On April 4th CALPHO and about half a dozen public health professionals participated in the Call to Action to Promote Healthy Communities Symposium along with representatives from approximately 16 cross-sector organizations. The Symposium, sponsored by The Colorado Health Foundation and the American Planning Association Colorado Chapter, gathered to begin developing a network of professionals in Colorado to operationalize the Promote Healthy Communities Joint Call to Action.
In preparing my remarks for the event, I reflected on several issues and came to some conclusions that I wanted to share with you all.
CALPHO has been engaged for over 12 months in efforts to understand and promote Health in All Policies (HiaP), a specific way of approaching health equity using a wide range of community policies and applying a health impact lens in traditionally “non-health” sectors.
Health equity and social determinants of health (SDoH) are an increasingly important aspect of governmental public health work, and CALPHO supports local public health agencies (LPHAs) in defining their role in health equity work and identifying the best strategies to move toward health equity in their communities.
Since social and environmental determinants of health, such as education, transportation, finance, and justice “live” in sectors other than public health and health care, and inequity exists across the systems we all work in, public health policy development needs to occur in all sectors and across many systems.
All LPHAs have power to influence health at various policy levels. For example, a 2016 survey of Colorado LPHAs (n=47) revealed that approximately 30% reported working on land use planning policy. CALPHO believes that a HiaP approach can help broaden policy target areas and bring in a wider variety of sectors – such as those present at the Symposium, elected officials, and others – to the table, and bring forth a common understanding of all sectors’ roles in community health.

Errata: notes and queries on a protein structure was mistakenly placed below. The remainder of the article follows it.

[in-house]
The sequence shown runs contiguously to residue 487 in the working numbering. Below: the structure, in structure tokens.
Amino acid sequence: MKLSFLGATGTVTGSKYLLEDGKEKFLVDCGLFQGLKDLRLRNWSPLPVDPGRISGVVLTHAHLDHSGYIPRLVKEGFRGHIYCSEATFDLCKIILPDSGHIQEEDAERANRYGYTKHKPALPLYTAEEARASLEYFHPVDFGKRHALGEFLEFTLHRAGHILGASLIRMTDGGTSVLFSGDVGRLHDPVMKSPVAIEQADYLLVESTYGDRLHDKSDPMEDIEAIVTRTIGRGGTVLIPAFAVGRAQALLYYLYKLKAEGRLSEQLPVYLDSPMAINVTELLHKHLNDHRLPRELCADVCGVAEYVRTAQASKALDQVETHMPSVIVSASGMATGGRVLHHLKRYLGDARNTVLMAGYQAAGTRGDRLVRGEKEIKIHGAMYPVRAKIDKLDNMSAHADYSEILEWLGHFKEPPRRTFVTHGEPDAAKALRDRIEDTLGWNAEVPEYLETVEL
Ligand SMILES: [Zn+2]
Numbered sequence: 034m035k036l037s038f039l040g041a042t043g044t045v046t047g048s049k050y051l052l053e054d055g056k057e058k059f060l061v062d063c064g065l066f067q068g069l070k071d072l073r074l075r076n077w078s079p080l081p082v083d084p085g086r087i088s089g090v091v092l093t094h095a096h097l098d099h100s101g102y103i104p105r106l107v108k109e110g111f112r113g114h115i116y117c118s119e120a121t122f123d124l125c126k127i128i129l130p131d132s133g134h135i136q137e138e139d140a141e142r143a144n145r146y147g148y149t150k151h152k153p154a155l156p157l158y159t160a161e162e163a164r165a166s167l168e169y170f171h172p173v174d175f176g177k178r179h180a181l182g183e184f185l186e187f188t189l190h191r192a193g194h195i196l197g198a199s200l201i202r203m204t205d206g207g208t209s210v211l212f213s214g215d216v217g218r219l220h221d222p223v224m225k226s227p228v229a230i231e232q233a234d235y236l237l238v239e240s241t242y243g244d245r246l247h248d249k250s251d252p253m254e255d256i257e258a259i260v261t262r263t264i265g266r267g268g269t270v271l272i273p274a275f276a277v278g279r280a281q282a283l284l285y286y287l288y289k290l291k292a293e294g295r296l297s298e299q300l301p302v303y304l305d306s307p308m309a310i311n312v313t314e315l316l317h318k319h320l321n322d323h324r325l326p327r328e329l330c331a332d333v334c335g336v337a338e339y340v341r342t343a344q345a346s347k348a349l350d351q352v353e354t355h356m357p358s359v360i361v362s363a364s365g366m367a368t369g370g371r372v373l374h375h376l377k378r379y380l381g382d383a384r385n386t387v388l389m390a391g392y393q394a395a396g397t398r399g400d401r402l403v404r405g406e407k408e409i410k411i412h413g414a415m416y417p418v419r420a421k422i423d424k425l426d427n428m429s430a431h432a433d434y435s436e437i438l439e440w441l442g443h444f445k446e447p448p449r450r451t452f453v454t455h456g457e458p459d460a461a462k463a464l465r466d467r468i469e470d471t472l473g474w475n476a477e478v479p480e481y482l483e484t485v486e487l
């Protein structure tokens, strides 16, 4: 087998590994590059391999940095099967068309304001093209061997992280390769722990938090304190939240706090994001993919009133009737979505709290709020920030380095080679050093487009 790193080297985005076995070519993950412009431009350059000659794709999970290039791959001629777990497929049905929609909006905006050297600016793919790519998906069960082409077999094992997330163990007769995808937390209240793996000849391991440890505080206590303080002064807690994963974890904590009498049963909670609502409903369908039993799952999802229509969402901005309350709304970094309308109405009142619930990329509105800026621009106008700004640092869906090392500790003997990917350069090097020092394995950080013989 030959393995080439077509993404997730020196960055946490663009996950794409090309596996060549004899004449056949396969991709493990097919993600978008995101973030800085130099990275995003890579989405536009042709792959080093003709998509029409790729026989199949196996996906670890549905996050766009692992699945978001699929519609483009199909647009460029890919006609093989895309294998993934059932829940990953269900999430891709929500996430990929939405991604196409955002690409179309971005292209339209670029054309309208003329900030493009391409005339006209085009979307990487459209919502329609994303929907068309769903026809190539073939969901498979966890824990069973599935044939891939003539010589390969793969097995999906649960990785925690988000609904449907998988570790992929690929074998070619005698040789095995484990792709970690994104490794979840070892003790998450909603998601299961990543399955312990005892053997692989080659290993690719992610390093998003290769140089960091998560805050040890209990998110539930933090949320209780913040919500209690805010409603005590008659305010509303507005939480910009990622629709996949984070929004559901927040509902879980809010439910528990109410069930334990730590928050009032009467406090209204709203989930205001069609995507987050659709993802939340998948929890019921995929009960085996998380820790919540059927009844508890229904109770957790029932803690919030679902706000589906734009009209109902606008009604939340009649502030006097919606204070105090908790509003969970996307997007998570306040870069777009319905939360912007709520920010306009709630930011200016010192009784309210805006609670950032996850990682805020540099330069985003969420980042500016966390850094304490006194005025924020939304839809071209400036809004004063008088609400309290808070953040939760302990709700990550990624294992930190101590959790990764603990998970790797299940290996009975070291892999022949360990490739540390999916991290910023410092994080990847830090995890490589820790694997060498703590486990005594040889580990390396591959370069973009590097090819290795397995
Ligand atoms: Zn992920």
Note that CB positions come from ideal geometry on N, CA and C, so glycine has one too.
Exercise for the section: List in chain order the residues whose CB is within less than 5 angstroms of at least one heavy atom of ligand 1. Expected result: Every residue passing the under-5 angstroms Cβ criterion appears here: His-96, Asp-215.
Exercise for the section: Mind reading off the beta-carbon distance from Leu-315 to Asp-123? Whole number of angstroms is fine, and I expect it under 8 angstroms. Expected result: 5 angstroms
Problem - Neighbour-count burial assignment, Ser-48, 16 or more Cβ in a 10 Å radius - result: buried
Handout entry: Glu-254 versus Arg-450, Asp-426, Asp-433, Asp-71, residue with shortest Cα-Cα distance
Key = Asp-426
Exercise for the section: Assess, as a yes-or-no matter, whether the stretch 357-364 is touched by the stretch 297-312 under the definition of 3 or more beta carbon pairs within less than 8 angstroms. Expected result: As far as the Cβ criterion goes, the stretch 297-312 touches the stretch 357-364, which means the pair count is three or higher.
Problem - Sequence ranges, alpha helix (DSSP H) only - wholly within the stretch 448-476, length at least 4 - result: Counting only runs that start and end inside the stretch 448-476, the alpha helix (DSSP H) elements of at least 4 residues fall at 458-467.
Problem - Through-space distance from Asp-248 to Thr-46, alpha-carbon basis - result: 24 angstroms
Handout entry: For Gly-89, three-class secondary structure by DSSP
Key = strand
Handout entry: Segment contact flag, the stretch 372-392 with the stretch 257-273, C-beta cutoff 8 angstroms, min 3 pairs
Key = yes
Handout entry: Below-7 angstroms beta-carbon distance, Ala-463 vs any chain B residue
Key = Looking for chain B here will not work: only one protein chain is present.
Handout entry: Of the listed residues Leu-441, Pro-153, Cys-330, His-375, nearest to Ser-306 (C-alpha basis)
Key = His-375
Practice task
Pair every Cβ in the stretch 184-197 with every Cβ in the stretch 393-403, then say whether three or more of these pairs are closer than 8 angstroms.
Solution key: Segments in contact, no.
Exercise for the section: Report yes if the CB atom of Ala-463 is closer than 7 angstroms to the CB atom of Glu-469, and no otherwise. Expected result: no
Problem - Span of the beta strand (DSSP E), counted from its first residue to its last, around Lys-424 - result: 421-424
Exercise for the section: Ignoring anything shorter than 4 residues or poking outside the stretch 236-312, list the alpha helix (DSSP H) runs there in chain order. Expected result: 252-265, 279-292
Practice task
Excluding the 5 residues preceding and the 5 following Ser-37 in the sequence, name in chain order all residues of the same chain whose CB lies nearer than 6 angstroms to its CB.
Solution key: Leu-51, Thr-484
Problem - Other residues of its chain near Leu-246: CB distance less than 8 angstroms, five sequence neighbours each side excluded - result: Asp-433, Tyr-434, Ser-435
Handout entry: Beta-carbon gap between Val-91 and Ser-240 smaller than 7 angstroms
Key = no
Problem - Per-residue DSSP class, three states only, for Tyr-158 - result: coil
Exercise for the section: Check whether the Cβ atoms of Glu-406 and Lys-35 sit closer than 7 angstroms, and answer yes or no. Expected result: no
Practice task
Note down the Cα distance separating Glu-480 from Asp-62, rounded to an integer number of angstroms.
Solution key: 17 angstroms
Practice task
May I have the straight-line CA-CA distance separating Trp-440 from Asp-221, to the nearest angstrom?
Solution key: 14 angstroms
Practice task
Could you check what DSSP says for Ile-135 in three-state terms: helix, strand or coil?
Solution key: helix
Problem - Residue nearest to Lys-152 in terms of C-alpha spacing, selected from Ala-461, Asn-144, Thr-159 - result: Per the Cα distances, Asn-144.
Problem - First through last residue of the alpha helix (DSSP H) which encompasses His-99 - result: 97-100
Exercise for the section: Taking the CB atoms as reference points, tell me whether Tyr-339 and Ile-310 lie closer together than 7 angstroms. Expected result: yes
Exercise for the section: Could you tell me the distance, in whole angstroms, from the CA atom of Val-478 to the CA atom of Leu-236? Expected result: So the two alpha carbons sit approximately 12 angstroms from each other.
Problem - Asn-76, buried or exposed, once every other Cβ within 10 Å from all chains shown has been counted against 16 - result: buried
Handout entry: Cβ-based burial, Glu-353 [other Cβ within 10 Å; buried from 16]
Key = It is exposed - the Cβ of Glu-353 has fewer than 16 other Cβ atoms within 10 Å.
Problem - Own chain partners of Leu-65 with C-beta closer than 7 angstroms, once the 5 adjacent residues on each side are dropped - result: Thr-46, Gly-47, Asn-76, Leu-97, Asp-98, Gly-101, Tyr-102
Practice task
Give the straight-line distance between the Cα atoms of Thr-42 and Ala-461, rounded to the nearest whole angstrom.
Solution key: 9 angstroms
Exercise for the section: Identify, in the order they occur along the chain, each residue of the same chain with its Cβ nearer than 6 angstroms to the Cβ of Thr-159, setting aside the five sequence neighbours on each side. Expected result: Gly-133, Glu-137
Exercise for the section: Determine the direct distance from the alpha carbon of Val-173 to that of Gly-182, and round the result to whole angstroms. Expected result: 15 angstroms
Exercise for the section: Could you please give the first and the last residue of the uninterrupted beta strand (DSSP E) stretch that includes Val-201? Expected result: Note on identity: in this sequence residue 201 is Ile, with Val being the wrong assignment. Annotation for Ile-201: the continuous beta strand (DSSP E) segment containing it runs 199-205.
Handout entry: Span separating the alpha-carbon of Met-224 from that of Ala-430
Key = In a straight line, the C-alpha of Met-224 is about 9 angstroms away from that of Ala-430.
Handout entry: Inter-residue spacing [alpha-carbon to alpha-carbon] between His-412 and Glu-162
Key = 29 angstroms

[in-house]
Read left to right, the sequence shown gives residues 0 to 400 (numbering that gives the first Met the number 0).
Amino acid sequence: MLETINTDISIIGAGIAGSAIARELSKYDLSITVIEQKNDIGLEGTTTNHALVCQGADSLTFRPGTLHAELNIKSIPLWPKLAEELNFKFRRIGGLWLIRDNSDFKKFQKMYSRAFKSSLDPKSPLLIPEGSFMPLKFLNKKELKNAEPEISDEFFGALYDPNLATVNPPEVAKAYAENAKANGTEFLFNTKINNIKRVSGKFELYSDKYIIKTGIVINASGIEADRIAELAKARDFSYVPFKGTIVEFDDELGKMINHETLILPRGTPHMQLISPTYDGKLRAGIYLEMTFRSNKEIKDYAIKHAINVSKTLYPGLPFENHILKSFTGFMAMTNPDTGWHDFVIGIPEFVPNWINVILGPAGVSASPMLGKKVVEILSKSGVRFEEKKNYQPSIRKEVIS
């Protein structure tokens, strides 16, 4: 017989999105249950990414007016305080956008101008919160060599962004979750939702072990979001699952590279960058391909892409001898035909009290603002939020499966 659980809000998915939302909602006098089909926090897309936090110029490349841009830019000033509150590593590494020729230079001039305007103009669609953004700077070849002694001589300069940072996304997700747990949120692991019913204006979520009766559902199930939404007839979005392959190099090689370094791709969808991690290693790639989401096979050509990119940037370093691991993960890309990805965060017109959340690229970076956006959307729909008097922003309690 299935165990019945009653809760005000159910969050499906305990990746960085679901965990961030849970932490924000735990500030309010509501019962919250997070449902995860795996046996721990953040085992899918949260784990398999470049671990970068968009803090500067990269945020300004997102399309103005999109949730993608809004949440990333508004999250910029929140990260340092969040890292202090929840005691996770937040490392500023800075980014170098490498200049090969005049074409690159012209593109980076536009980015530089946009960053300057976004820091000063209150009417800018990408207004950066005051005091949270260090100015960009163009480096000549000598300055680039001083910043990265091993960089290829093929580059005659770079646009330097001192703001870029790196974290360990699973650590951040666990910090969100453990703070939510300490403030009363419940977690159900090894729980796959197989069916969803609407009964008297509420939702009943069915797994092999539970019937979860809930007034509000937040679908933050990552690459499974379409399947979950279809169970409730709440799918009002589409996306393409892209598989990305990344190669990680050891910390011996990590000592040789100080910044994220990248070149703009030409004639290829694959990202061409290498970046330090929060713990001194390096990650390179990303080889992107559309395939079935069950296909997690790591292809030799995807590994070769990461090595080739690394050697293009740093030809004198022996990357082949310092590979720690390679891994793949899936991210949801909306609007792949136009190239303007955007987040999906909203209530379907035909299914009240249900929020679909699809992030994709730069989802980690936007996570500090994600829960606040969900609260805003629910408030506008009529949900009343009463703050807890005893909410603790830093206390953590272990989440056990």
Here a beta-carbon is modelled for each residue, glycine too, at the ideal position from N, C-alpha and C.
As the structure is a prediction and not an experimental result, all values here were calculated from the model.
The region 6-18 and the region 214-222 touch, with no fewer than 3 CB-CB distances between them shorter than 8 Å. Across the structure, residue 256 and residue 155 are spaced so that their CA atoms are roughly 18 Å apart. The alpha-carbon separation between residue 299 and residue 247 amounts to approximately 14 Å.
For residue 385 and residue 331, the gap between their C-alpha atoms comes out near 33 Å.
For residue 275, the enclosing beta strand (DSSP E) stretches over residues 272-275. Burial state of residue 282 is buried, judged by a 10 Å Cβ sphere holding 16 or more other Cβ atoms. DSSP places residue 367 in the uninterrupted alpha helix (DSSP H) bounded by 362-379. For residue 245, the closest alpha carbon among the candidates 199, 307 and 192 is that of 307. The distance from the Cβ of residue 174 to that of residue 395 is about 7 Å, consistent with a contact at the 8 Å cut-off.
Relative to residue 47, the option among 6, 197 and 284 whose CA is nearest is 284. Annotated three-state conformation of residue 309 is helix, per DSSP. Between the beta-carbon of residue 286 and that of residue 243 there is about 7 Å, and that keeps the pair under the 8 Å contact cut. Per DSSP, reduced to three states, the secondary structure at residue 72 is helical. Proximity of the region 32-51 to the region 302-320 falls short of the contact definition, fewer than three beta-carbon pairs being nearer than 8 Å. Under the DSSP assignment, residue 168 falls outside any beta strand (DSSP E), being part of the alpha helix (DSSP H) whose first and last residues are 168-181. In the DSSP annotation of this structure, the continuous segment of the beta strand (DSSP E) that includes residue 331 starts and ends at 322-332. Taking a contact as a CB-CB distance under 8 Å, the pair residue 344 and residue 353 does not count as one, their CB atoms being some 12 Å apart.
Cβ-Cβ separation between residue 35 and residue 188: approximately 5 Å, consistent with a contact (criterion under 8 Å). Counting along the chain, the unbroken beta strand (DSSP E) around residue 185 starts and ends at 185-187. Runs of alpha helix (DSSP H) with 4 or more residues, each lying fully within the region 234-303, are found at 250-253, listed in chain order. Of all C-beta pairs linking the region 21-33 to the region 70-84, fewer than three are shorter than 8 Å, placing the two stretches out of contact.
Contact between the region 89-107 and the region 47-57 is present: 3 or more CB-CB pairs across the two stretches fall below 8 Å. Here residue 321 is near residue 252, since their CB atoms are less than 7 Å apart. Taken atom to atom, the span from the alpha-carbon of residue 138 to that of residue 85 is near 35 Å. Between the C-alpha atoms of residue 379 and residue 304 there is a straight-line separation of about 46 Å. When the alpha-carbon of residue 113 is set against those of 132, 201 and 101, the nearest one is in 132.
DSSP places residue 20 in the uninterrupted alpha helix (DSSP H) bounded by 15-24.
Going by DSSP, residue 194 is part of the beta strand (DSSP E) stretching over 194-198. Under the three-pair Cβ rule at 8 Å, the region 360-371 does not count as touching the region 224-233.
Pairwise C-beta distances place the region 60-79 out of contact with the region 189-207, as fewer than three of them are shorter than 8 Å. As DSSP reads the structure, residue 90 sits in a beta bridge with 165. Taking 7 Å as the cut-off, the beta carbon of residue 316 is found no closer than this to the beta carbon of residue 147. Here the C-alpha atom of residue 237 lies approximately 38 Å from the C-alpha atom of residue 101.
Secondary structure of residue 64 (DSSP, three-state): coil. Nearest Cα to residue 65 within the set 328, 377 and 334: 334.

LPHA’s are required by law to conduct a community health assessment (CHA) and develop a Public Health Improvement Plan (PHIP) every 5 years. This entails using data on key health indicators (such as suicide rates, tobacco use, and diabetes prevalence), and engaging the community in setting top priorities to work on over the next 5 years. In this current fiscal year, almost 70% of LPHAs are working on their CHAs and 21% are working on their PHIPs. There is tremendous opportunity for multi-sector networks all to engage in the dialogue in a meaningful and productive way.
Let me share with you a quote that I found particularly interesting while researching these comments.
“Planning is not an academic exercise, it affects things and real people. You affect matter of health through your choice of streets, parks and infrastructure project.”
--John Morck AICP past president of the American Planners Association, North Carolina Chapter.
HiAP aspires to promote health equity through the consideration of the health impacts in every type of policy decision, in every type of organization, so that any public or private entity can take health into account.
Through engagement, building the relationships, sharing expertise, establishing health goals, and developing comprehensive strategies to improve health, we create windows of opportunity, promote intersectoral collaboration, and develop innovative, community derived strategies that will make Colorado a healthier place to live.
To learn more about HiAP work at CALPHO, please visit www.calpho.org. Look for curated resources on our website, as well as the original postings on the national sponsoring organizations and others such as NACCHO, American Planning Association, Public Health Institute, American Public Health Association, The American Institute of Architects.